It also opens the door for Diaz to seek a re-hearing on his punishment for the UFC 202 press conference incident. In December, Diaz was fined $ 50,000 and issued 50 hours of community service under terms that mirrored McGregor’s for his role in the melee.

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NAC Fines Nate Diaz $50K for Water Bottle-Throwing Incident Prior to UFC 202

Nate Diaz has been fined $ 50,000 by the Nevada Athletic Commission for his part in a bottle-throwing incident with opponent Conor McGregor at a press conference prior to their UFC 202 bout.
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Commission head: Conor McGregor was only fined $75K for bottle-throwing incident

Conor McGregor isn’t getting fined nearly as much as people thought, according to Nevada Athletic Commission (NAC) executive director Bob Bennett.

Bennett told MMA Fighting on Saturday that the $ 150,000 being reported has been misinterpreted — McGregor will only be fined $ 75,000 for his role in an ugly water bottle-throwing fracas at a press conference in August.

The $ 150,000 number, Bennett said, is representative of the $ 75,000 fine plus what Bennett and commission chairman Anthony Marnell determined to be the value of a public-service announcement McGregor must do for the commission. McGregor was also given 50 hours of community service by the NAC on Monday at his disciplinary hearing.

Bennett said the public-service announcement was something McGregor and his attorney agreed to do. He only owes the commission $ 75,000 in fines, a sum that does not go to the commission directly, but to the state general fund, Bennett said.

“It appears the media and others got it wrong,” Bennett said.

McGregor and his team got into a nasty skirmish with Nate Diaz and his team at the UFC 202 pre-fight press conference Aug. 17 at the Copperfield Theater inside MGM Grand in Las Vegas. Diaz and his team were leaving the event, but before they could exit the venue, egged on by a cursing McGregor, they began throwing water bottles and other foreign objects at McGregor’s team, seated below them. McGregor responded himself by throwing water bottles and an energy drink can toward Diaz’s team from the stage.

Diaz will go before the commission for a disciplinary hearing, likely next month.

McGregor’s $ 75,000 fine is representative of 2 1/2 percent of his $ 3 million purse, which does not include his pay-per-view share and other bonuses. Diaz’s purse was $ 1 million.

The state attorney general’s office’s initial recommendation was a $ 25,000 fine and 25 hours of community service for McGregor, but the commissioners motioned and voted for more.

The hefty commission fine drew criticism last week from fans, media, McGregor himself and even UFC president Dana White, who dubbed an $ 150,000 fine “insane” on Fox Sports 1. McGregor was flippant in remarks to Rolling Stone on Friday, telling the commission “good luck trying to get it” referring to the fine.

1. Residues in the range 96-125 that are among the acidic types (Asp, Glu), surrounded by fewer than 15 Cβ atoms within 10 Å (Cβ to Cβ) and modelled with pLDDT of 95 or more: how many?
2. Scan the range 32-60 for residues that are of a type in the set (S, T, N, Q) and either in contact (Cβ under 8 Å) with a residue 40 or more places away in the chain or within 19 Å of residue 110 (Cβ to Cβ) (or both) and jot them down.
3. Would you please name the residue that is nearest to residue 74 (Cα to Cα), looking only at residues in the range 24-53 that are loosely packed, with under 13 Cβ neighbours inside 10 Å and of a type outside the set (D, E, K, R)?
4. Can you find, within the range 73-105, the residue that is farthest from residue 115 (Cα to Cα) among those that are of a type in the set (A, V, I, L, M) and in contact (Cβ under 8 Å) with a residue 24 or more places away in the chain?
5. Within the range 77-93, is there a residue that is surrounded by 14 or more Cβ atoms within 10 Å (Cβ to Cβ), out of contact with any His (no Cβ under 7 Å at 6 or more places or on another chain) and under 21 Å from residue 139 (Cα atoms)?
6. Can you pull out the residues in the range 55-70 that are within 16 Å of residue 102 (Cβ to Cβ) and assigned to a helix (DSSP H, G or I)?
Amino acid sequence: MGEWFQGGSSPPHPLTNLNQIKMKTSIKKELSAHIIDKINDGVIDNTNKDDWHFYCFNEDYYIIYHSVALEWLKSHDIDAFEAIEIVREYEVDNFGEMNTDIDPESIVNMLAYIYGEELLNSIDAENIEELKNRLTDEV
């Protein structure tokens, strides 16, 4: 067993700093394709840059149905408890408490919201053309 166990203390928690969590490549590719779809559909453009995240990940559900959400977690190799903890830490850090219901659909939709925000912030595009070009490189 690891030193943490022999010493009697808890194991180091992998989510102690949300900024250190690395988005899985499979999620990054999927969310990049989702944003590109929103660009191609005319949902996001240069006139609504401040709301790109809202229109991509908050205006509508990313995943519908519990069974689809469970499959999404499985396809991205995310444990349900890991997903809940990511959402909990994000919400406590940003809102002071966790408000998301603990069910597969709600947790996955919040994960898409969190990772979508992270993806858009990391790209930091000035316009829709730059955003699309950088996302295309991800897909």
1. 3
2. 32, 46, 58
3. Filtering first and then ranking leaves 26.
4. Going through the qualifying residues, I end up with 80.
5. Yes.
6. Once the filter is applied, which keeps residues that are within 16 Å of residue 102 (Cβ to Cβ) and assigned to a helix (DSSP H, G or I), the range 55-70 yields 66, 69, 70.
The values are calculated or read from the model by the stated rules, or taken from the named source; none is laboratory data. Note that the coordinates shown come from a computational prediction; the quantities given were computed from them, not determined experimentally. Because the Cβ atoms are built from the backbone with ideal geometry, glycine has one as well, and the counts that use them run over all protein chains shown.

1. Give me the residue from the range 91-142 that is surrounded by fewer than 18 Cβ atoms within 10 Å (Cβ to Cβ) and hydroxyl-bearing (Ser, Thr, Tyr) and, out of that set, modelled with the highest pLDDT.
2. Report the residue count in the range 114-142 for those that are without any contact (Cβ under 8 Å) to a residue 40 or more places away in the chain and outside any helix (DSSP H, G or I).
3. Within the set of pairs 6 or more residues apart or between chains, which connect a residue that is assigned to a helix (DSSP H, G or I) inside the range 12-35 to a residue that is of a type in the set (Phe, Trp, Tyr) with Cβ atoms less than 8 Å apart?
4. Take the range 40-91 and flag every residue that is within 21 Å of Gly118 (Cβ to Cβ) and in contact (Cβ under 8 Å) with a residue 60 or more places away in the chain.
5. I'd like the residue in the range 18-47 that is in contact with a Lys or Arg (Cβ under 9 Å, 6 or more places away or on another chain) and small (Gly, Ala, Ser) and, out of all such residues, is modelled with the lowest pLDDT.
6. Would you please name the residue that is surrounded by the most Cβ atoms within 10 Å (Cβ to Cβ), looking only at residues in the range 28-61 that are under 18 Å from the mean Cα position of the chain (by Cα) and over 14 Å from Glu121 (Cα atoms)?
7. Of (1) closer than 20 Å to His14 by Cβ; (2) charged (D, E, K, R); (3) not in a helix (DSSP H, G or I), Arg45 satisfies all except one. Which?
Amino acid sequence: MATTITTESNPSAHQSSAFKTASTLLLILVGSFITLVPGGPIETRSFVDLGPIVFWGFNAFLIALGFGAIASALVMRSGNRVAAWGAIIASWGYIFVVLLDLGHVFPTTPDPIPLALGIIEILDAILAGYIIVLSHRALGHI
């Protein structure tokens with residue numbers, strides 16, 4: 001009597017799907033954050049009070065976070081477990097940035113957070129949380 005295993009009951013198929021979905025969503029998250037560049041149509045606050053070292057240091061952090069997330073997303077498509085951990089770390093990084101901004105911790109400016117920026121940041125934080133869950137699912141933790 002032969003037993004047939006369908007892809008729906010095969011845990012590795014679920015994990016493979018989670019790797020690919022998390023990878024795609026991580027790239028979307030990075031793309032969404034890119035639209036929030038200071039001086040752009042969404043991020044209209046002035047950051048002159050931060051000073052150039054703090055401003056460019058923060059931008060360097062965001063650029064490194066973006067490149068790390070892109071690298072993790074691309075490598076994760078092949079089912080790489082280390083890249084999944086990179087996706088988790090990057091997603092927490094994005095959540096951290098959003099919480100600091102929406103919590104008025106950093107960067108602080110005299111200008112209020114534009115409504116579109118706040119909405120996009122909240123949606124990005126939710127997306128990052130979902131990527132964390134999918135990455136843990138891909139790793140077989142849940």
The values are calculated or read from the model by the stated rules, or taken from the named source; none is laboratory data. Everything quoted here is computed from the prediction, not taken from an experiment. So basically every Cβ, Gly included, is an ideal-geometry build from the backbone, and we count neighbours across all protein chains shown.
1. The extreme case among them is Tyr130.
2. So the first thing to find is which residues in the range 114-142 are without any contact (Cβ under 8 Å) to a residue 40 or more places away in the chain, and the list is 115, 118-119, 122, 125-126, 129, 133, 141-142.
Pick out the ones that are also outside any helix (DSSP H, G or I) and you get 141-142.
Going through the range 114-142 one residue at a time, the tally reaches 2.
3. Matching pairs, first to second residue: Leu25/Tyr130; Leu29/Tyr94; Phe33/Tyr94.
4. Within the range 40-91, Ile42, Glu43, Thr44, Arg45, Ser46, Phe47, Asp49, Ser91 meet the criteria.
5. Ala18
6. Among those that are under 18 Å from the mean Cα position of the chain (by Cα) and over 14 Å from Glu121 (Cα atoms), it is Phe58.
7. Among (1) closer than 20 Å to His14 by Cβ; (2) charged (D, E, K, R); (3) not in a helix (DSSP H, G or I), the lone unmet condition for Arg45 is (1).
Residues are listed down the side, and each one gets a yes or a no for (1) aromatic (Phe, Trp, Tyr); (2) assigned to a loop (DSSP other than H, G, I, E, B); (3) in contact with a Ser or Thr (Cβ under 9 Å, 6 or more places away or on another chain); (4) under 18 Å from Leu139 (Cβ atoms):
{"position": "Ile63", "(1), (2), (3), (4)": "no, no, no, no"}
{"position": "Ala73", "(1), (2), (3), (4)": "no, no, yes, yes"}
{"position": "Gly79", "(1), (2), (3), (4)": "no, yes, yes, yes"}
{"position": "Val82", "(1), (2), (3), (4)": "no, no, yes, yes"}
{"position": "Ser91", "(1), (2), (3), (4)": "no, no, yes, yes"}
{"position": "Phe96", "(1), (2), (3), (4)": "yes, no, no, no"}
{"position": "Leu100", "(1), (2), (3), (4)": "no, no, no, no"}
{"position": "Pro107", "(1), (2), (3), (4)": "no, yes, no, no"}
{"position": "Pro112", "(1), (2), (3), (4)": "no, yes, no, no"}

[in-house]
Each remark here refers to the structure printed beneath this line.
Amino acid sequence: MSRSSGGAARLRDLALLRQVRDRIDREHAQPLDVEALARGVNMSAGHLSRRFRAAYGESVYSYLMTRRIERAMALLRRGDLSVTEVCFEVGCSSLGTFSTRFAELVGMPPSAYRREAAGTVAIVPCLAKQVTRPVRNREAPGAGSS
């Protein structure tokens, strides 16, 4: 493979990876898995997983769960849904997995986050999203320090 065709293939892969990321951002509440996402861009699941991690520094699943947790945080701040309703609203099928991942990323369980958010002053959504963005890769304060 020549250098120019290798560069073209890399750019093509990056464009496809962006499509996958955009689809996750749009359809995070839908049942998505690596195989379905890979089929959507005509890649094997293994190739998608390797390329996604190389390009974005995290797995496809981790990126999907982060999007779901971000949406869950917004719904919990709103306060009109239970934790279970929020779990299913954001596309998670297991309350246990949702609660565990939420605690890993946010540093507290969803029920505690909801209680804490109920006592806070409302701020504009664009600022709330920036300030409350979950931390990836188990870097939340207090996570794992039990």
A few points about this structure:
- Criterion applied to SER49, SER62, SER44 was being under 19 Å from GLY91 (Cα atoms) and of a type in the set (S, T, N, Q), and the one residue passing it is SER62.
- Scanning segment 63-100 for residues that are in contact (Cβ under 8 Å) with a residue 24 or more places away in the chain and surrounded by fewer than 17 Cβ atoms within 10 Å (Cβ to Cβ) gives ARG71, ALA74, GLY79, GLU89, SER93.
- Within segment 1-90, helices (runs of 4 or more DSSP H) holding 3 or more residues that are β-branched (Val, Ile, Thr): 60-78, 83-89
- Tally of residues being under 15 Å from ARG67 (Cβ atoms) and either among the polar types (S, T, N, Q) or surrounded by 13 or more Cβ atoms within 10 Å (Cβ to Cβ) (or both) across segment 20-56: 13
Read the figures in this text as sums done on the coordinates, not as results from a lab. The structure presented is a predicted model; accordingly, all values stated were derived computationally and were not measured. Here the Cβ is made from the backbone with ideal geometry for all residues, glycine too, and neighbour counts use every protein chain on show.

“I don’t see Nevada in my future, for the foreseeable future is how I see it,” McGregor said. “I’m free to do what I want.”

Bennett was disappointed about the comments. He said McGregor threw an energy drink can that hit someone in the theater and still faced no criminal or civil case, nor a suspension from the commission. Bennett said the actions by McGregor and Diaz were “unacceptable” and when it happened White said himself that he was expecting commission discipline.

“They’re both getting punished,” White told TMZ the day after the press conference. “I mean, what everybody has gotta understand is we’re overseen by the Nevada State Athletic Commission. I guarantee you both of these guys are gonna get massive fines and there’s probably going to be a hearing, too, after the fight. There could be suspensions, community service. It’s gonna be ugly.”

When Daniel Cormier and Jon Jones got into a press conference brawl in 2014, both men were fined 10 percent of their purses. That came to a $ 50,000 fine for Jones and a $ 9,000 fine for Cormier.

Bennett said he spoke with McGregor before UFC 202 and appreciated him calling in for the commission meeting Monday. He said he believes McGregor was being contrite when he apologized.

“I understand that he’s upset,” Bennett said. “I understand that he commands a phenomenal following and paydays and he’s a world-renowned champ. I get that he’s frustrated — $ 75,000 is a lot of money. But I think the remark is inappropriate. In fairness to Conor — and I say this with the utmost respect — I just don’t think he understands how the system works when he’s fined.”

If McGregor doesn’t square up with the NAC and pay his $ 75,000 fine, it’s possible the New York State Athletic Commission will not license him to fight against Eddie Alvarez at UFC 205 on Nov. 12 in New York City, though that seems like an unlikely scenario.

The Nevada commission came under fire from the public last year when it suspended Nick Diaz five years for a third marijuana offense in the state. A settlement was agreed to months later and Diaz’s ban was bumped down to 18 months.

Bennett said the commission is trying to do what it believes it is right and thinks the consistency will only increase under this current regime.

“[McGregor] wasn’t suspended, nor were people in either fighter’s camp that participated in this,” Bennett said. “The Nevada State Athletic Commission didn’t go after anybody else. … I’ll be the first to say that we’ve got it right sometimes and we haven’t gotten it right other times. When we don’t, we want to right the wrong.”